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Evidently Women and Men Can Write Equally Atrocious Papers

The blogger at Medical Writing, Editing & Grantsmanship links to an item from Nature about whether women are less successful than men in the peer review process. Researchers Herbert Marsh and Luz Bornmann describe work reconciling two conflicting studies -- one that found gender bias in peer review, and one that didn't. The new study, which incorporated data from both prior works, finds "no effect of the applicant’s gender on the peer review of their grant proposals," according to the authors, and holds true "across country, year of publication of the studies included in the meta-analysis, and disciplines ranging from physical sciences to the humanities." The MWEG blogger notes that the researchers on this study were male, and seems interested in hearing from female scientists on the subject.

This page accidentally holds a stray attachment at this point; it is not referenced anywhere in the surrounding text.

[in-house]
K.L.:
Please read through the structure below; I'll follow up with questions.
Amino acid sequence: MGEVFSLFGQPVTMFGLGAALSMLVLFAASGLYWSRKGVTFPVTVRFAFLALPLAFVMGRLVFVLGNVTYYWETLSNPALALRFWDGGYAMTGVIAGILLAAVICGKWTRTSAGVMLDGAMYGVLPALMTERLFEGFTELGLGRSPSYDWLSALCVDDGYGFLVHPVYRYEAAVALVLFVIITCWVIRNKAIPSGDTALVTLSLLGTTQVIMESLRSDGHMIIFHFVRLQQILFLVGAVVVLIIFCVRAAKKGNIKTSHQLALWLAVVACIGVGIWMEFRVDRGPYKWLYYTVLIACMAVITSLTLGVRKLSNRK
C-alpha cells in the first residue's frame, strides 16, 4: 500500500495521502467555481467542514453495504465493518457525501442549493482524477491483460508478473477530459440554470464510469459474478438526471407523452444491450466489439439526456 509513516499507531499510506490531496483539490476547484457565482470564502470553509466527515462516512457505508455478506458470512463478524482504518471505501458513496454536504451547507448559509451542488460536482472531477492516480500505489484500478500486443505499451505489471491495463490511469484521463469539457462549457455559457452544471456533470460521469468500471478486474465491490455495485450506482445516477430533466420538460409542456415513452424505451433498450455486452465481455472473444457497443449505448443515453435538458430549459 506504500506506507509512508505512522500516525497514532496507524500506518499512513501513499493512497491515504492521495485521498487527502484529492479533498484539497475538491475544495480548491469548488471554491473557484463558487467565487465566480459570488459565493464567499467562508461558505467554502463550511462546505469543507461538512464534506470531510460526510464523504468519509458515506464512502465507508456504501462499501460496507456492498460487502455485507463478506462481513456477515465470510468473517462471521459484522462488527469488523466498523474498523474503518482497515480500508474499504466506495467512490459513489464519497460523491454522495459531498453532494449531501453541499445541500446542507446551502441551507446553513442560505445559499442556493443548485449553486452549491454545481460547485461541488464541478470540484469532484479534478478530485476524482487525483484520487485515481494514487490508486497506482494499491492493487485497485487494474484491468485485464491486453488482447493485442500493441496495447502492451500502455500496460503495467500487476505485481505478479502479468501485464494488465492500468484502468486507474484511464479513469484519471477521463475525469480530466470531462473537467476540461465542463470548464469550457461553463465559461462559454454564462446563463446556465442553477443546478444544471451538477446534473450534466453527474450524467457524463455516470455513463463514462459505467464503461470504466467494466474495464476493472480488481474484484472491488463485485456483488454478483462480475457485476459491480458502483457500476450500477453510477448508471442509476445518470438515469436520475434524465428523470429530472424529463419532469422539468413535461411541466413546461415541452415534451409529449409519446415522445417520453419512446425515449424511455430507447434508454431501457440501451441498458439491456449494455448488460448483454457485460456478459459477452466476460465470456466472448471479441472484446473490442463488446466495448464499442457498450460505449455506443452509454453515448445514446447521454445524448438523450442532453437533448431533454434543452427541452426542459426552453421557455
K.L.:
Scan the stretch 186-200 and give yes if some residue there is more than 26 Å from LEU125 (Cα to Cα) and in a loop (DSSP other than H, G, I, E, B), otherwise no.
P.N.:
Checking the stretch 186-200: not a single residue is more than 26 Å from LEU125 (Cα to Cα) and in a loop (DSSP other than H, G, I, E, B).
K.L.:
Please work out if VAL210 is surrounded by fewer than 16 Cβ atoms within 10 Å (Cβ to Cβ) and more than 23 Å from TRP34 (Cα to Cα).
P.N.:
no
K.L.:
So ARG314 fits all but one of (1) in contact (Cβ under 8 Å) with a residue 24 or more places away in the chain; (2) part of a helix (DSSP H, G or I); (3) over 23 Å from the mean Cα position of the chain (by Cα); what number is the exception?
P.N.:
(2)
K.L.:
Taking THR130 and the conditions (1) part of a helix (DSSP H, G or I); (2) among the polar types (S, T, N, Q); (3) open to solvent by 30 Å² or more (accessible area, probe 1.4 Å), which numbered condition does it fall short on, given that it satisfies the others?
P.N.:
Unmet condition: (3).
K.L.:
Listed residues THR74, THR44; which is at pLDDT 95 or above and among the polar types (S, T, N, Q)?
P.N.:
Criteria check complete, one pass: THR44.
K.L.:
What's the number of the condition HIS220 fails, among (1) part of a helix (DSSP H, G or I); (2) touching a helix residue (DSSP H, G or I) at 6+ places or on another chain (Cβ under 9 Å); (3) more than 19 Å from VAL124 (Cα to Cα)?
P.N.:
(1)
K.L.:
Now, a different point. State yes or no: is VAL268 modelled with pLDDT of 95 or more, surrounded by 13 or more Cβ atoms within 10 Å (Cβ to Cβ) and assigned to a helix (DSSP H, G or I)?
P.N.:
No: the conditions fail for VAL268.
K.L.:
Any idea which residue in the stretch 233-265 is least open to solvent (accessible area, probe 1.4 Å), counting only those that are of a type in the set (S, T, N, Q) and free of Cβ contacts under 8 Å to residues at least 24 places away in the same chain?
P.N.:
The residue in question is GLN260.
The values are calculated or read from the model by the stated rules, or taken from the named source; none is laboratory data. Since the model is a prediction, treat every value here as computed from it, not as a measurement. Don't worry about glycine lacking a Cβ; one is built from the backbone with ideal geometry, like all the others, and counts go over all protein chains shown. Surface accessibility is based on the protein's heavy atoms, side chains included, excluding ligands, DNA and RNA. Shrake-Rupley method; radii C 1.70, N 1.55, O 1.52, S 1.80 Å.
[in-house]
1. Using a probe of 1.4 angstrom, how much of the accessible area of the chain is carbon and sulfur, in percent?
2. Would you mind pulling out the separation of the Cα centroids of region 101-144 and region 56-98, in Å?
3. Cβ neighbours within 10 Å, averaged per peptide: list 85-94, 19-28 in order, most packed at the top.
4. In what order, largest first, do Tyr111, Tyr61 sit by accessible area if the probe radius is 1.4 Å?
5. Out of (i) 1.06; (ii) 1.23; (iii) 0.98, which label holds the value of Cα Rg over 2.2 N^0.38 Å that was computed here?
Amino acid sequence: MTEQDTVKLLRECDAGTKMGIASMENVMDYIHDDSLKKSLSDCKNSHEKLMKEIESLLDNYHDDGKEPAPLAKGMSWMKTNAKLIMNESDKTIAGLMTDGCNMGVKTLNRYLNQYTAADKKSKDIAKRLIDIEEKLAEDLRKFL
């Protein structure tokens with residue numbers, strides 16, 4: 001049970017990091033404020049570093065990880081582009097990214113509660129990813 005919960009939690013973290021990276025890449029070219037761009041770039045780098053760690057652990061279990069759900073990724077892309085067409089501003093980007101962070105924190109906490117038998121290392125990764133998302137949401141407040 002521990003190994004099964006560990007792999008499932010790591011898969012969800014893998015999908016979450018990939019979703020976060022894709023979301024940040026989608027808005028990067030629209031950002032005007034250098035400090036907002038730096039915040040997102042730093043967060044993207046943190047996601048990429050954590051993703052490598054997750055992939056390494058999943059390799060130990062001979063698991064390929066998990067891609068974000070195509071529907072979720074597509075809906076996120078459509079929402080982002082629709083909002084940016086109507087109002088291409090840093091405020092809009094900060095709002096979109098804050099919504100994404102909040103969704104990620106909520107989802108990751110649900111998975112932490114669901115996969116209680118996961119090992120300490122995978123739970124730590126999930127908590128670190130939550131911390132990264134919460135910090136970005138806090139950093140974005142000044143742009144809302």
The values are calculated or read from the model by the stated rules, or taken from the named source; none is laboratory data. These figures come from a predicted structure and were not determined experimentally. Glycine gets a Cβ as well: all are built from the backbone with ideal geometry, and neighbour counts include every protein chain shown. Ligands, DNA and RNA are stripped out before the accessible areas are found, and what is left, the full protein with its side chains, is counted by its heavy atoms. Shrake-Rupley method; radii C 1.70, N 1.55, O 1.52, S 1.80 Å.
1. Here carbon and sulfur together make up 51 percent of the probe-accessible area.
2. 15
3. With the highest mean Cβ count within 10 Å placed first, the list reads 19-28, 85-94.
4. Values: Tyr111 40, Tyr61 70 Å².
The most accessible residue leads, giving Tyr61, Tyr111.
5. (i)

The Scan

Fertility Fraud Found

Consumer genetic testing has uncovered cases of fertility fraud that are leading to lawsuits, according to USA Today.

Ties Between Vigorous Exercise, ALS in Genetically At-Risk People

Regular strenuous exercise could contribute to motor neuron disease development among those already at genetic risk, Sky News reports.

Test Warning

The Guardian writes that the US regulators have warned against using a rapid COVID-19 test that is a key part of mass testing in the UK.

Science Papers Examine Feedback Mechanism Affecting Xist, Continuous Health Monitoring for Precision Medicine

In Science this week: analysis of cis confinement of the X-inactive specific transcript, and more.